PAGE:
J Geils Band reunites for House of Blues Show….


Video courtesy of  JosephLank:  J Geils Band Opening Night House of Blues Boston

From the Boston Herald:

…never thought I’d see ’em live again,” marveled Dan Aykroyd, near the end of the J. Geils Band’s set at House of Blues last night. Aykroyd, a Blues Brother and co-founder of the club HoB chain, had seen the Geils Band first as a teenager in the ’70s. And here they were, looking, sounding . . . the same as they ever were. Playing “First I Look at the Purse,” “So Sharp,” “Homework,” and “Detroit Breakdown,” feeling the songs and re-creating a past that resonates still.

Give singer Peter Wolf, guitarist J. Geils and his bandmates credit for, although broken up for most of a decade, burying hatchets and putting on a great r & b/rock ’n’ roll show.


A sold-out crowd of 2,400 packed the spot where Avalon, Axis and other clubs once stood. Familiarity? “They ripped the whole thing down and put the same (expletive) thing up?,” said fan Mark Hagopian. Well, sorta. It was bigger, more spacious. Wolf called it a musical barbecue pit and treated it thus, as a melting pot of hot r & b and rock, playing songs squarely rooted in the classic-but-not-calcified category.

February 20, 2009. Tags: , , , , , , , . Entertainment, Music, Popular Culture. Comments off.

Holiday Hits: Nat King Cole – The Christmas Song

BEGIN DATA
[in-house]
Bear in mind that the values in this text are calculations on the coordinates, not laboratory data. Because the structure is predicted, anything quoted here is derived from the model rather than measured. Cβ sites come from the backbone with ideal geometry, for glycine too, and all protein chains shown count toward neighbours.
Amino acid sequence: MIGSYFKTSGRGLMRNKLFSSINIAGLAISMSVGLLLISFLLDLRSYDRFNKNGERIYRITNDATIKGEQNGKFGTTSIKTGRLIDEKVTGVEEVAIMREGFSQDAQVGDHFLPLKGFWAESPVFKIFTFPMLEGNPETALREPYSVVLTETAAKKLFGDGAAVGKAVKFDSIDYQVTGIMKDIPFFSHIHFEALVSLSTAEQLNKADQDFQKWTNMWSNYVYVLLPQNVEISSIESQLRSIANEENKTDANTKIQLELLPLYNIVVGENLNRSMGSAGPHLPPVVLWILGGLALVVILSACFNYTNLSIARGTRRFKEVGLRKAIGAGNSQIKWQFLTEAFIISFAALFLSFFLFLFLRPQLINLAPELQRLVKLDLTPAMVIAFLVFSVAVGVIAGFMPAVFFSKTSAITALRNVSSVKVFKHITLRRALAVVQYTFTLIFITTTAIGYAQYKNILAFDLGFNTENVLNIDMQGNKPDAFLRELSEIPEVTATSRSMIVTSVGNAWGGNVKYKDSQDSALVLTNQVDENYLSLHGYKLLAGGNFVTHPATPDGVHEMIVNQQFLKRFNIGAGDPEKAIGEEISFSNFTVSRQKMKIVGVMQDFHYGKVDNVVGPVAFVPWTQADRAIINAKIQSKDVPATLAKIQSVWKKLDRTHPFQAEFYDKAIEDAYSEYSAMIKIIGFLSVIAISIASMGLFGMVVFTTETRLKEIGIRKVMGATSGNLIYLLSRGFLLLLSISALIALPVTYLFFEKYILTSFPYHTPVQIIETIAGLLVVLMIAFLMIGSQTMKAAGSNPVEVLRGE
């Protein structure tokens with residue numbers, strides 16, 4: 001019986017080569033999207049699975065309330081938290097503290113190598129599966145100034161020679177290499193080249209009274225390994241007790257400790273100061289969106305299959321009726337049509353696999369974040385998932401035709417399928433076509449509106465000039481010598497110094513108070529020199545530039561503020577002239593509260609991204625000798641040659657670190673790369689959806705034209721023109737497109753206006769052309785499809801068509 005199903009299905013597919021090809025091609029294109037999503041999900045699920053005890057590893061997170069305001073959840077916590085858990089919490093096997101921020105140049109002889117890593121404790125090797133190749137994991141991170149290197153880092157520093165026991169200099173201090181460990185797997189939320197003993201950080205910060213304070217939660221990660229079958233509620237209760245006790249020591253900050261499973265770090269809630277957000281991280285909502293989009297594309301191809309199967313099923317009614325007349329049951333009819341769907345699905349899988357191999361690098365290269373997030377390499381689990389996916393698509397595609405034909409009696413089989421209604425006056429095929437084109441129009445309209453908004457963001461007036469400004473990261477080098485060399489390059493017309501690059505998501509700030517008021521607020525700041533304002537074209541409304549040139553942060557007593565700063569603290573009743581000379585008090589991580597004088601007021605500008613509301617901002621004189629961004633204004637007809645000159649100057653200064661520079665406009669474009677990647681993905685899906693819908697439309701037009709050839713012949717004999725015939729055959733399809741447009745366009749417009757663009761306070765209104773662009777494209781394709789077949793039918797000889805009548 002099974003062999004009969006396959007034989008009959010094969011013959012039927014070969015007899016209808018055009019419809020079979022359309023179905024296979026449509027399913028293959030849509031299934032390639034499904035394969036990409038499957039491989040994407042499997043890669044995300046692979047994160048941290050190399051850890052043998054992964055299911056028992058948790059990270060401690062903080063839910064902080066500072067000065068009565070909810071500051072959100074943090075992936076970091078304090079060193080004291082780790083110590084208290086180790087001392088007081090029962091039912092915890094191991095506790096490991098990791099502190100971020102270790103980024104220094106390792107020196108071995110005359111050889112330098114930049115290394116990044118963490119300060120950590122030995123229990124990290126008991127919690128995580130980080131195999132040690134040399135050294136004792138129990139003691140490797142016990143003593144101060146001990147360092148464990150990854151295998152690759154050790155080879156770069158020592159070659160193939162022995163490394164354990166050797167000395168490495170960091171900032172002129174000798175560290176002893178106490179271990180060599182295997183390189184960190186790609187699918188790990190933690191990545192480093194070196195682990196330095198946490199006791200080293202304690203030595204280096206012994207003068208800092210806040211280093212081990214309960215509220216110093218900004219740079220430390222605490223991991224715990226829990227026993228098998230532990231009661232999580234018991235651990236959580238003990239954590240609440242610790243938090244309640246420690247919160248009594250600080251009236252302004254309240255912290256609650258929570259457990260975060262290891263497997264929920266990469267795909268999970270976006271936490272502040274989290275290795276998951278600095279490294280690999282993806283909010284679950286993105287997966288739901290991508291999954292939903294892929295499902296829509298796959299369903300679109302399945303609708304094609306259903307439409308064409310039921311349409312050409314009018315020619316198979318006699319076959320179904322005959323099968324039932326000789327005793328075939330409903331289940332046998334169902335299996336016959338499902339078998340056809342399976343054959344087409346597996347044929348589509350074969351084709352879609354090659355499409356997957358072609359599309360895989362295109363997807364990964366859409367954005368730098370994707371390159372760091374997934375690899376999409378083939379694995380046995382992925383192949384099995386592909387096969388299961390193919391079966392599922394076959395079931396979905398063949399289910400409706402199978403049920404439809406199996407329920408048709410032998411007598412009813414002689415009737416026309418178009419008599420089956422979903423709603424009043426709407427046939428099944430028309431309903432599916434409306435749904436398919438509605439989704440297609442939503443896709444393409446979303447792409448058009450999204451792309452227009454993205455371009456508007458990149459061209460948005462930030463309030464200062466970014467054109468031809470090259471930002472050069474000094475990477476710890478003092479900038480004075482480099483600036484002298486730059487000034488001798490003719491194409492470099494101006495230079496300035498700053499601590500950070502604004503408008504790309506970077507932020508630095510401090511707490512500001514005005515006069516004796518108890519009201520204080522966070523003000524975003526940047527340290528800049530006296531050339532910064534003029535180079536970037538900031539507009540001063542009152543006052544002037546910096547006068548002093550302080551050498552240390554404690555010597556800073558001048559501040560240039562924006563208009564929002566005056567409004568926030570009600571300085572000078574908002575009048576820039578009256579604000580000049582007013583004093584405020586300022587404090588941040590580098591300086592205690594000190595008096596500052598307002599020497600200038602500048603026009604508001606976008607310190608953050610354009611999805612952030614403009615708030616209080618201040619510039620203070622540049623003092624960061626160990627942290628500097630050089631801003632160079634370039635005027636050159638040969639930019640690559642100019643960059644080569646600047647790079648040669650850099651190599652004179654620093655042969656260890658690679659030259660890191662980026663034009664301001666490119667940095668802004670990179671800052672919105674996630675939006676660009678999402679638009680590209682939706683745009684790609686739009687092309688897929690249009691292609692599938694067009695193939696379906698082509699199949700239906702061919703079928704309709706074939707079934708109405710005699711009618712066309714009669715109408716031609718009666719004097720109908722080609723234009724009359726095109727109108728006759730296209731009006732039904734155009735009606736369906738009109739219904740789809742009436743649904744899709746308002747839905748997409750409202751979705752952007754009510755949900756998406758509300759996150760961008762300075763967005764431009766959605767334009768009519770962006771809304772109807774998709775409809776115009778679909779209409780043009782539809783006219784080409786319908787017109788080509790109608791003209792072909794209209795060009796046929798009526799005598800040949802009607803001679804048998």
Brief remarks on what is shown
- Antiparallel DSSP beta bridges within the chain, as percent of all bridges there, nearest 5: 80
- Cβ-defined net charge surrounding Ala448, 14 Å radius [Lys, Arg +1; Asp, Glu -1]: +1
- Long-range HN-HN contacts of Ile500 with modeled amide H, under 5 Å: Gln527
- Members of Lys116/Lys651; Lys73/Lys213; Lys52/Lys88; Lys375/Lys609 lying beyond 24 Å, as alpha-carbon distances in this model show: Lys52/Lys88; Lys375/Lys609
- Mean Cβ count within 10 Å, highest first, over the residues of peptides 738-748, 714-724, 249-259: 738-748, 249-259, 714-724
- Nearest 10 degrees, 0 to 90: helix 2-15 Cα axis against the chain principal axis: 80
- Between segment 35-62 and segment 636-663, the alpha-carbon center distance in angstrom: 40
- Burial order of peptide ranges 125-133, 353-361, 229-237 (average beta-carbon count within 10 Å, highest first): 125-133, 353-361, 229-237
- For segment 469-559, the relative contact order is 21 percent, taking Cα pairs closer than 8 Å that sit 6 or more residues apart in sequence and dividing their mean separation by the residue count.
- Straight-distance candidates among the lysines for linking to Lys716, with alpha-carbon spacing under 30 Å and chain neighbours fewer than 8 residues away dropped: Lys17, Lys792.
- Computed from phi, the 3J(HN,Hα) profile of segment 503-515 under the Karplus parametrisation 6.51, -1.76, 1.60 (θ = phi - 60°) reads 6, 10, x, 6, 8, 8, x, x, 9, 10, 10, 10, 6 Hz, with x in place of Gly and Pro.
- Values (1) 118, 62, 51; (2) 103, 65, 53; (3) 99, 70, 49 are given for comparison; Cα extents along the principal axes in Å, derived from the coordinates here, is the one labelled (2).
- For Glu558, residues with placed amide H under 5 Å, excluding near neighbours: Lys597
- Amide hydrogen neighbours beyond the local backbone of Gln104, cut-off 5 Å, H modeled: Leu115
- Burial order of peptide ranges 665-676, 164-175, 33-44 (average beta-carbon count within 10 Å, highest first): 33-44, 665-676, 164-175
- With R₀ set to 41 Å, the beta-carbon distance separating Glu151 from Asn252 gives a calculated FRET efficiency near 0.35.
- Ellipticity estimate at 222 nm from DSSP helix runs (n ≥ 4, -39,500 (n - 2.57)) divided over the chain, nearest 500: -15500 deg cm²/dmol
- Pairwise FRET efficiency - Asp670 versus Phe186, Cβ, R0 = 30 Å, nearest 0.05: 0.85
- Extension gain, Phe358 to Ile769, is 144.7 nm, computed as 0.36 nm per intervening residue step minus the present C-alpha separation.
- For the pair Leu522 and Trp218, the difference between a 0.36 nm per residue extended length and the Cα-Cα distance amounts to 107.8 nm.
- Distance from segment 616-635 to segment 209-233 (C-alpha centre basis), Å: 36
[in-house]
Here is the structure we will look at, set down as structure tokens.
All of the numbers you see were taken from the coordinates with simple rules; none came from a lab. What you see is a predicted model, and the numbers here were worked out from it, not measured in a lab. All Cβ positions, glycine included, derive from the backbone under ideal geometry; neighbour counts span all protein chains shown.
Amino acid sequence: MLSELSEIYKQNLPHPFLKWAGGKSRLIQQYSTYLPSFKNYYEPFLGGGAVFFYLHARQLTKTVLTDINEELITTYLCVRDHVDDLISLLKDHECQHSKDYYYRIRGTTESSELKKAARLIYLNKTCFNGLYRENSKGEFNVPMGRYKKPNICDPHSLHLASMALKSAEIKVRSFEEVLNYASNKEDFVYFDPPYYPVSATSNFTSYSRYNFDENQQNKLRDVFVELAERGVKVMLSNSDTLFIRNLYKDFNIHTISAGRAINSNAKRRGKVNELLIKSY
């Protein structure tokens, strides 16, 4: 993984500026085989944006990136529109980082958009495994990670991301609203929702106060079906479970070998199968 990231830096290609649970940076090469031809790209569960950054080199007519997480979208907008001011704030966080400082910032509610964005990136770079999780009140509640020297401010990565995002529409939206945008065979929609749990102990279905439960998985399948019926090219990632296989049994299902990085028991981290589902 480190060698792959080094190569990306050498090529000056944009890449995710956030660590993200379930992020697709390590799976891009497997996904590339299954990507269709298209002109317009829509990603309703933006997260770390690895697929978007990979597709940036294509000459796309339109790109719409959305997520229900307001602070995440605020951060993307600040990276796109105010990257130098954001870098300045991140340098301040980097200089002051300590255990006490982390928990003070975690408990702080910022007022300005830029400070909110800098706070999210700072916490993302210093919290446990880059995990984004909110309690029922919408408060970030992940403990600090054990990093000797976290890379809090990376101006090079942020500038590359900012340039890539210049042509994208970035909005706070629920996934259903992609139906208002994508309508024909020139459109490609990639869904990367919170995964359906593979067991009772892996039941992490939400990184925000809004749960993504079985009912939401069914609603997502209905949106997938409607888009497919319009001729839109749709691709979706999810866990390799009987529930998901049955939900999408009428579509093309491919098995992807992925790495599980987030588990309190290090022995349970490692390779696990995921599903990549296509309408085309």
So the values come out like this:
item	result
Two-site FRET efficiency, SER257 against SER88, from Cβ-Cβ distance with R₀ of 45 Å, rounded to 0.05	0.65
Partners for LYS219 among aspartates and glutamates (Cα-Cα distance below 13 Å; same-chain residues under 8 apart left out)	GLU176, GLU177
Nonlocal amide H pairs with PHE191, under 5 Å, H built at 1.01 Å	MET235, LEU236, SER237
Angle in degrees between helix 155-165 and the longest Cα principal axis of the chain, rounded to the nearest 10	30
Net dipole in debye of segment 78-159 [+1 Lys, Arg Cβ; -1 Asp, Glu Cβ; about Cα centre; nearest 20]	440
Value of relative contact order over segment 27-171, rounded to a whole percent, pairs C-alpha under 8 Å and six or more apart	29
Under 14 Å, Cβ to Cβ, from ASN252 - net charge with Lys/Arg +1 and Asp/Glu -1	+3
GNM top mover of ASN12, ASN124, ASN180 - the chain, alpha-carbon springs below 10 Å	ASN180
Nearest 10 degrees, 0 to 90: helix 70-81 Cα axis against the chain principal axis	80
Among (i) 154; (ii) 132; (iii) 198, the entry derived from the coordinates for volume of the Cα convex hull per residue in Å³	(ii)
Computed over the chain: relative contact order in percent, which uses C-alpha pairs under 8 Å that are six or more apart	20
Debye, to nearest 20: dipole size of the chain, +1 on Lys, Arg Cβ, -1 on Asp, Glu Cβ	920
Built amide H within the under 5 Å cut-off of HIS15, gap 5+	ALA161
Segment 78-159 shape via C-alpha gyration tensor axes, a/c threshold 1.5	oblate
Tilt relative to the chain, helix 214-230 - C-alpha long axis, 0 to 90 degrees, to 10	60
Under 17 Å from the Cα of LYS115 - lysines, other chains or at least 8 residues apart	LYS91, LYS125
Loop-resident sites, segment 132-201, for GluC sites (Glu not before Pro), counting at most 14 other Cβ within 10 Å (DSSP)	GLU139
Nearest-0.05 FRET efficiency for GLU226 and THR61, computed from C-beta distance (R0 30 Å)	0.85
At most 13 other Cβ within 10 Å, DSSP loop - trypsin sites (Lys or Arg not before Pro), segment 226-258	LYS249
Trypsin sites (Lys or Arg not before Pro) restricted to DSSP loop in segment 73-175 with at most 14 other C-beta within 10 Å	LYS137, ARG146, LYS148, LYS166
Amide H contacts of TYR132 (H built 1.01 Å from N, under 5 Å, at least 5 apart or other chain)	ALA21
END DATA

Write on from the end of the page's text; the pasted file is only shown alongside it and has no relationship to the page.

No one does this better than Nat King Cole..

Courtesy of ReyDLT1957:

“The Christmas Song” is a classic Christmas song, written in 1944 by vocalist Mel Tormé and Bob Wells. According to Tormé , the song was written during a blistering hot summer. In an effort to “stay cool by thinking cool,” the most-performed (according to BMI) Christmas song was born.

“I saw a spiral pad on his piano with four lines written in pencil,” Tormé recalled. “They started, `Chestnuts roasting … Jack Frost nipping … Yuletide carols … Folks dressed up like Eskimos.’ Bob (Wells, co-writer) didn’t think he was writing a song lyric. He said he thought if he could immerse himself in winter he could cool off. Forty minutes later that song was written. I wrote all the music and some of the lyrics.”

The Nat King Cole Trio first recorded the song early in 1946. At Cole’s behest (and over the objections of his label, Capitol Records), a second recording was made the same year utilizing a small string section, this version becoming a massive hit on both the pop and R&B charts. Cole re-recorded the song in 1953 and again in 1961, using the same arrangement with a full orchestra; the latter recording is generally regarded as definitive and continues to receive considerable radio airplay each holiday season, while Cole’s original 1946 recording was inducted into the Grammy Hall of Fame in 1974. Mel Tormé himself eventually recorded his own versions in 1954 and again in 1965.

The song is typically subtitled with its opening line (“Chestnuts Roasting on an Open Fire”); in some cases, most notably with Cole’s recordings, the song’s closing line (“Merry Christmas to You”) is used as a subtitle instead…

December 13, 2008. Tags: , , , , , , , , , . Entertainment, Jazz, Music, Popular Culture. 7 comments.

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